So if you are one of those people that have trouble letting go of your “stuff” because you paid for it at one time, try to push those thoughts aside. You cannot get your money back, you don’t use the item anymore, so what sense does it make to keep it? Sell it for a few bucks, give it to a friend, donate it to charity. Your house and mind will thank you in the end.

Post sound familiar? That’s because it is. Since I am still away, I figured I would post an oldie but goodie today for readers both new and for those with bad memories. ;-)

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Comments (6)

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  1. Miranda says:

    I like the idea of going on a “purge” of stuff. It actually makes me less likely to buy more things going forward. When I see how much stuff I get rid of because I just don’t use it, I buy less. As a result, the purges have been getting smaller, and I don’t waste as much money on new stuff.

  2. Hazzard says:

    We truly are just renting everything we think we own. The longer we get true value out of it, the less the rental charges are. But once it stops being useful you might as well get rid of it because it’s not lowering your overall rental cost and is becoming a liability for you.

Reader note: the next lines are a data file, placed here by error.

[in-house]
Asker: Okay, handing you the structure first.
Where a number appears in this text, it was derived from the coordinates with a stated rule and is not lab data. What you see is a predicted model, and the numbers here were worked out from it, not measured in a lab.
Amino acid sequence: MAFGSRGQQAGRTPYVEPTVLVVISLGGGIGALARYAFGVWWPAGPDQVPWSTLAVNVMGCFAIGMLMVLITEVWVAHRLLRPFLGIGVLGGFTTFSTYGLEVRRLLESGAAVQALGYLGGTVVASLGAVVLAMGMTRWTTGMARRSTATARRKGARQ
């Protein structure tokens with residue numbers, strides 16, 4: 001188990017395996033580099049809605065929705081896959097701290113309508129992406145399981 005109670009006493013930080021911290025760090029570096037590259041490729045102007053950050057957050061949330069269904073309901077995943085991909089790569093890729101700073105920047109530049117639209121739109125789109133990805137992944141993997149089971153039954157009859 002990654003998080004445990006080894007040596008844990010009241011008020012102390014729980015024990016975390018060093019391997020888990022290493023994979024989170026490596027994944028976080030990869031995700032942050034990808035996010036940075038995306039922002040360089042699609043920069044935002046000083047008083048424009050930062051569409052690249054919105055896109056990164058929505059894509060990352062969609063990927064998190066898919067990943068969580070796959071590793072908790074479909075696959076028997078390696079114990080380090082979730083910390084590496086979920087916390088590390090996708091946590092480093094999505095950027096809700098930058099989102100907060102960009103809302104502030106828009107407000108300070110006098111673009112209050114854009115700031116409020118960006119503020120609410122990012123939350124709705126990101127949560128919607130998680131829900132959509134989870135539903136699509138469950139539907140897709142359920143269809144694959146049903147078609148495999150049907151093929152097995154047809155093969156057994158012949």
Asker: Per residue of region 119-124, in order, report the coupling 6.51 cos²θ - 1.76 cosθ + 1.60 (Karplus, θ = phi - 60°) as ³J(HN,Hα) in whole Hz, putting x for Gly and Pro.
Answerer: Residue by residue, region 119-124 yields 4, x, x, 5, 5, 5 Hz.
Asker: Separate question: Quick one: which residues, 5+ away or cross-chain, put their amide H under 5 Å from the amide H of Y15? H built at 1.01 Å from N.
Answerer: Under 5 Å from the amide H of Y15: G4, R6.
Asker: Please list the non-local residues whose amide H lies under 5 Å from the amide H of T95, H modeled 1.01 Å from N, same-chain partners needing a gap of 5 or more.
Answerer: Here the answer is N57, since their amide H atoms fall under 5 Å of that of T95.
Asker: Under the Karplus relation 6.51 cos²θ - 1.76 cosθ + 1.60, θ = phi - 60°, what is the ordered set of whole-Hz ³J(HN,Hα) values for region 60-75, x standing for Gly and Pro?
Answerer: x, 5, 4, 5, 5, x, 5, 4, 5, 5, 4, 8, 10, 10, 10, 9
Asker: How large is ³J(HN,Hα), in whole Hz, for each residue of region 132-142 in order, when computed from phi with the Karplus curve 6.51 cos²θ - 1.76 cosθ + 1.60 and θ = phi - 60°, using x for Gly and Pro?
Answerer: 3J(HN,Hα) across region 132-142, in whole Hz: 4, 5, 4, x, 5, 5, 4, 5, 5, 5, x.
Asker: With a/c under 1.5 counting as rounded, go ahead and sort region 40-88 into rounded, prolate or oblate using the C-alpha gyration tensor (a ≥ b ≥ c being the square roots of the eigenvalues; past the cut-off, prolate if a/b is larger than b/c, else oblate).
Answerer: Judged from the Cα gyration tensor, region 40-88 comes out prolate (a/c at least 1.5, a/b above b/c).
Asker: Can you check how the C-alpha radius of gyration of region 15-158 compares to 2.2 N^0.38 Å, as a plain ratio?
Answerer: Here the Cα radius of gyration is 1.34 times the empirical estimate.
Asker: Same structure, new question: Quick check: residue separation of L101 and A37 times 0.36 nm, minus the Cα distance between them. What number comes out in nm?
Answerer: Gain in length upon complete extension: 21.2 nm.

I try to average the cost down of everything we buy by using it as long as we can but once it stops giving us useful value, I like to get rid of it!

  3. Matt says:

    I can totally relate to your post, I’ve gotten rid of lots of things that I paid a lot of money for but in the end I haven’t used or I’m no longer using. There is one remaining item that I need to get rid of and the issue of how much money I spent on the item is coming up.

    There was a laptop I bought years and years ago and it still works but I paid a lot for it and now I am still hesitant to get rid of it. I need to follow your advice and get rid of it.

  4. Enrique S says:

    I’m the ruthless purger in our home. I try not to have an emotional attachment to stuff. I also don’t take into account what we’ve paid for stuff, as i consider it a sunk cost. If I have to move something for the fifth time that I haven’t used even once, then it’s on the hit list.

  5. This is that whole idea of sunk costs- its like when you are playing poker and you can’t fold a hand even though you know you probably won’t win, because you have too much money in the pot. Still better to walk away with what you have left than lose more just because you are already invested. Of course, in this context, the loss you have from keeping the stuff is more clutter, less piece of mind, and possibility the need or a bigger house and/or a storage space to store all the useless junk.

  6. Wonderfull article, I too make it a habit on purging when I think I have to much. In fact I usually kijiji or craigslist my stuff and try to get a few bucks out of it.
    But really its a mentality thing. We need to say no right before we buy it. That alone will stop the clutter. Enjoy!